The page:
Convincing Red Bull it is a legitimate breakthrough is Albon’s best chance of keeping his seat as the evidence from qualifying and races so far this season is that he is not capable of making the step the team requires.
Asked by The Race if, crucially, he understood where his apparent Abu Dhabi improvement had come from, Albon replied: “We know what clicked. It is important, understanding why.
“I think you can already see it. I’m sure if you watch Max’s onboard on the laps that he does, the car is never still, it’s always on the edge, it’s always moving around.
“If the car is on the edge and the rear is quite sensitive, to be able to have that feeling, that confidence to run that much front in the car and to be comfortable with it, that’s what’s really important.
“That bit was quite difficult, especially at the start of the year, but we did some things behind the scenes and I just feel more comfortable with the kind of neutral side of the car balance and being able to wrestle it.”
Albon said one frustration within the stronger qualifying was that he had a lap time deleted in Q2 on mediums that meant he needed to run again to progress to the top-10 shootout, and that was done on soft tyres as Red Bull did not want to risk anything.
That means as well as having Norris’s McLaren between him and the leaders, Albon has to start the grand prix on the high-degradation tyres, which could compromise his race.
“It’s a bit of a shame,” he admitted.
“That first stint might be a little bit difficult but the plan is to stay close, to be there in the mix.
“Of course we’ve got Lando in between us, he did a very good lap actually. So we’ll have to be mindful of that and of course McLarens are around me and they’re the best starters on the grid.
“We’ll focus on a good launch, and try to be in there and try and disturb the Mercedes strategy.”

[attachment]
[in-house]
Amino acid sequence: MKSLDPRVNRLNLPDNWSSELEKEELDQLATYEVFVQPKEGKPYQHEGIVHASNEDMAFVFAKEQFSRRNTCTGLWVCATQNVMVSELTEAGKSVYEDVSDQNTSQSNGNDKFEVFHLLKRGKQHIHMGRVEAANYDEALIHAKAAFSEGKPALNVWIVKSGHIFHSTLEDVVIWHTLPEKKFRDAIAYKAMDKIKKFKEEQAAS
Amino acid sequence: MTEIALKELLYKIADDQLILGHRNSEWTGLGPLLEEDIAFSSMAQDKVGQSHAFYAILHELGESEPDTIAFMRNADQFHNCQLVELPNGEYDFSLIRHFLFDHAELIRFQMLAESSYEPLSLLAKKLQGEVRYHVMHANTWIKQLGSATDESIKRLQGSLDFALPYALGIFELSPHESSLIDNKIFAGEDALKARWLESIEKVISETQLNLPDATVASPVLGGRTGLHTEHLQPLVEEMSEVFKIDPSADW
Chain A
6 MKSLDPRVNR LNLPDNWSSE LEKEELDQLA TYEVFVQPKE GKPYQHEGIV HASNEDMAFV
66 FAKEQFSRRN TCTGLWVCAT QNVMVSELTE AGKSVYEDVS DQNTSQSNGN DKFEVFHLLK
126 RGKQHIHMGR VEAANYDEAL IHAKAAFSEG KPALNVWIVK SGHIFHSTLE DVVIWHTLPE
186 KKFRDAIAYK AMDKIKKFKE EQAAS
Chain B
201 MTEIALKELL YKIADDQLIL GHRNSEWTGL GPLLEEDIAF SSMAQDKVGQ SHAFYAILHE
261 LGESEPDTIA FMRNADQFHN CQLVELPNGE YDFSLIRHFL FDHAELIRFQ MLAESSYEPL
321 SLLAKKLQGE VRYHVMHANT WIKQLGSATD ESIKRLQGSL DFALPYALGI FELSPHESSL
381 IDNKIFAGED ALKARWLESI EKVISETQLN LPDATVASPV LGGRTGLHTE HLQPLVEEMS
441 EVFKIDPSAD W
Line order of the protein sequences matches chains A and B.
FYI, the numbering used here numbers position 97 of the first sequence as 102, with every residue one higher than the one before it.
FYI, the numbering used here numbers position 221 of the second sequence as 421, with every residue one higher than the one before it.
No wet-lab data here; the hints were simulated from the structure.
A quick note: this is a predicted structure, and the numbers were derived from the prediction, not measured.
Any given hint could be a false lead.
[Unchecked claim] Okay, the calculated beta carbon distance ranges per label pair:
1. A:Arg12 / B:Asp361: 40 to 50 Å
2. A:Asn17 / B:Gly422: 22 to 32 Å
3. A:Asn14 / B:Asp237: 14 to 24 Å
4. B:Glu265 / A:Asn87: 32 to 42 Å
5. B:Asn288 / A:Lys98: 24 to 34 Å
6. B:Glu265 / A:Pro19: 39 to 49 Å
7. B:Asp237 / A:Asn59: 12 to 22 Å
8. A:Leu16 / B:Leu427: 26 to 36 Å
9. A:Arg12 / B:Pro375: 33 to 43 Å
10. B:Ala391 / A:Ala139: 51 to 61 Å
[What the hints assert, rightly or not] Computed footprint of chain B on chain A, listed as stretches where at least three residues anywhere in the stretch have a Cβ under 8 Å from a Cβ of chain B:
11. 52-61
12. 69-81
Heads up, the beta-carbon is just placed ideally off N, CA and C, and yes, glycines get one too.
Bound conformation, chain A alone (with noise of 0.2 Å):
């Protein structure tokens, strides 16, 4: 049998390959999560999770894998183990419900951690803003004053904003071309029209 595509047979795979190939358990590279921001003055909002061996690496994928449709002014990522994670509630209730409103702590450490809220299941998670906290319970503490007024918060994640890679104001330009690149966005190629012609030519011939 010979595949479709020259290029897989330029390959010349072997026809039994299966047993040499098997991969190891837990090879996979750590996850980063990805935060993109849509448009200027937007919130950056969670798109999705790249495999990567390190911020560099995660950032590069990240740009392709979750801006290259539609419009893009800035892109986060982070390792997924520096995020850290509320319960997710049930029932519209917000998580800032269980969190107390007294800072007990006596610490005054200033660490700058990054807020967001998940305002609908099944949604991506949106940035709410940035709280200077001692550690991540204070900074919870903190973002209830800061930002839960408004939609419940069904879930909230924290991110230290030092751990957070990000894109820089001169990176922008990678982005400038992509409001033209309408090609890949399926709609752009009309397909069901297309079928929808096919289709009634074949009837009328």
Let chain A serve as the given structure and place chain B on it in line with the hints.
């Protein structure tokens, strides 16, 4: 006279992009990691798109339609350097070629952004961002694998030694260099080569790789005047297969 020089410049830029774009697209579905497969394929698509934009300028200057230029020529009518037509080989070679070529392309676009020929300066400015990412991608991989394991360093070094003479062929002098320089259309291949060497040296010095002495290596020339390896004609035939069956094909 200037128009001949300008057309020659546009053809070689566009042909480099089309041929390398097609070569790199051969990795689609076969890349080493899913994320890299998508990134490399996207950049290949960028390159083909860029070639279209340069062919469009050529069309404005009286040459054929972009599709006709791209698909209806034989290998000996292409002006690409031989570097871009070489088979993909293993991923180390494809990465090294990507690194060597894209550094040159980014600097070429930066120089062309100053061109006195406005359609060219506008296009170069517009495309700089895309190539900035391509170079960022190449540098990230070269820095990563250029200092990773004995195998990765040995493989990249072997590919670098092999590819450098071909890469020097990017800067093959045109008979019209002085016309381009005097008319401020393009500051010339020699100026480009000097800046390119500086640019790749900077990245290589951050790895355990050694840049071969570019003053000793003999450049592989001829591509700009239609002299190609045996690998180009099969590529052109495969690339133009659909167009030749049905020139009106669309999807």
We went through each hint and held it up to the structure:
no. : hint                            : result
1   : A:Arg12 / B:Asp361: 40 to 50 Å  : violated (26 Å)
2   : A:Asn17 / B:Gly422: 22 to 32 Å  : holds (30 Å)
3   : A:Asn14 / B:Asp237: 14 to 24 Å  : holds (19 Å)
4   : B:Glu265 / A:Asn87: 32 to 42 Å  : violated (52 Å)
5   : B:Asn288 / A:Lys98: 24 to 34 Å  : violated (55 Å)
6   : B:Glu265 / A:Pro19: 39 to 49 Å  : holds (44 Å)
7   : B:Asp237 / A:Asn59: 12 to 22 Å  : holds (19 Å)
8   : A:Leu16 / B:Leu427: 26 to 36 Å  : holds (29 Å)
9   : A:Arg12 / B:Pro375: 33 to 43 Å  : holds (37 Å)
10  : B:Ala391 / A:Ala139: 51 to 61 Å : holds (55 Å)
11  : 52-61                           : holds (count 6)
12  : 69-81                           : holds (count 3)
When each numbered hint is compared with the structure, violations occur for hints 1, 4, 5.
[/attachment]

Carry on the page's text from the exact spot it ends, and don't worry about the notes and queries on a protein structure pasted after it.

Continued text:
The Race Says
Albon has struggled much more than Verstappen in handling Red Bull’s difficult RB16, which has suffered from a loose rear particularly at low speed.
It has been consistent with temporary aero stalls at the rear of the car causing the rear to break away, a characteristic exaggerated by a swathe of updates brought for the start of the postponed season in Austria and then gradually improved as the year has progressed.
Albon has tended to drive with more understeer induced into the set-up to calm the rear, and been visibly less proactive with steering inputs than Verstappen to avoid getting caught out.
However, his testimony indicates that something in Red Bull’s set-up, or in his approach, has this weekend given him the confidence to attack more, resulting in a much improved qualifying performance.
The key will be whether Red Bull believes this is real or just a repeat of several mini-breakthroughs this season that have subsequently been undone.
It may be that the body of negative work compiled all year has done too much damage for one slightly more promising session to outweigh it.
The outcome of Sunday’s grand prix will be an important factor either way. This is a race Red Bull seriously needs Albon to be an effective wingman in.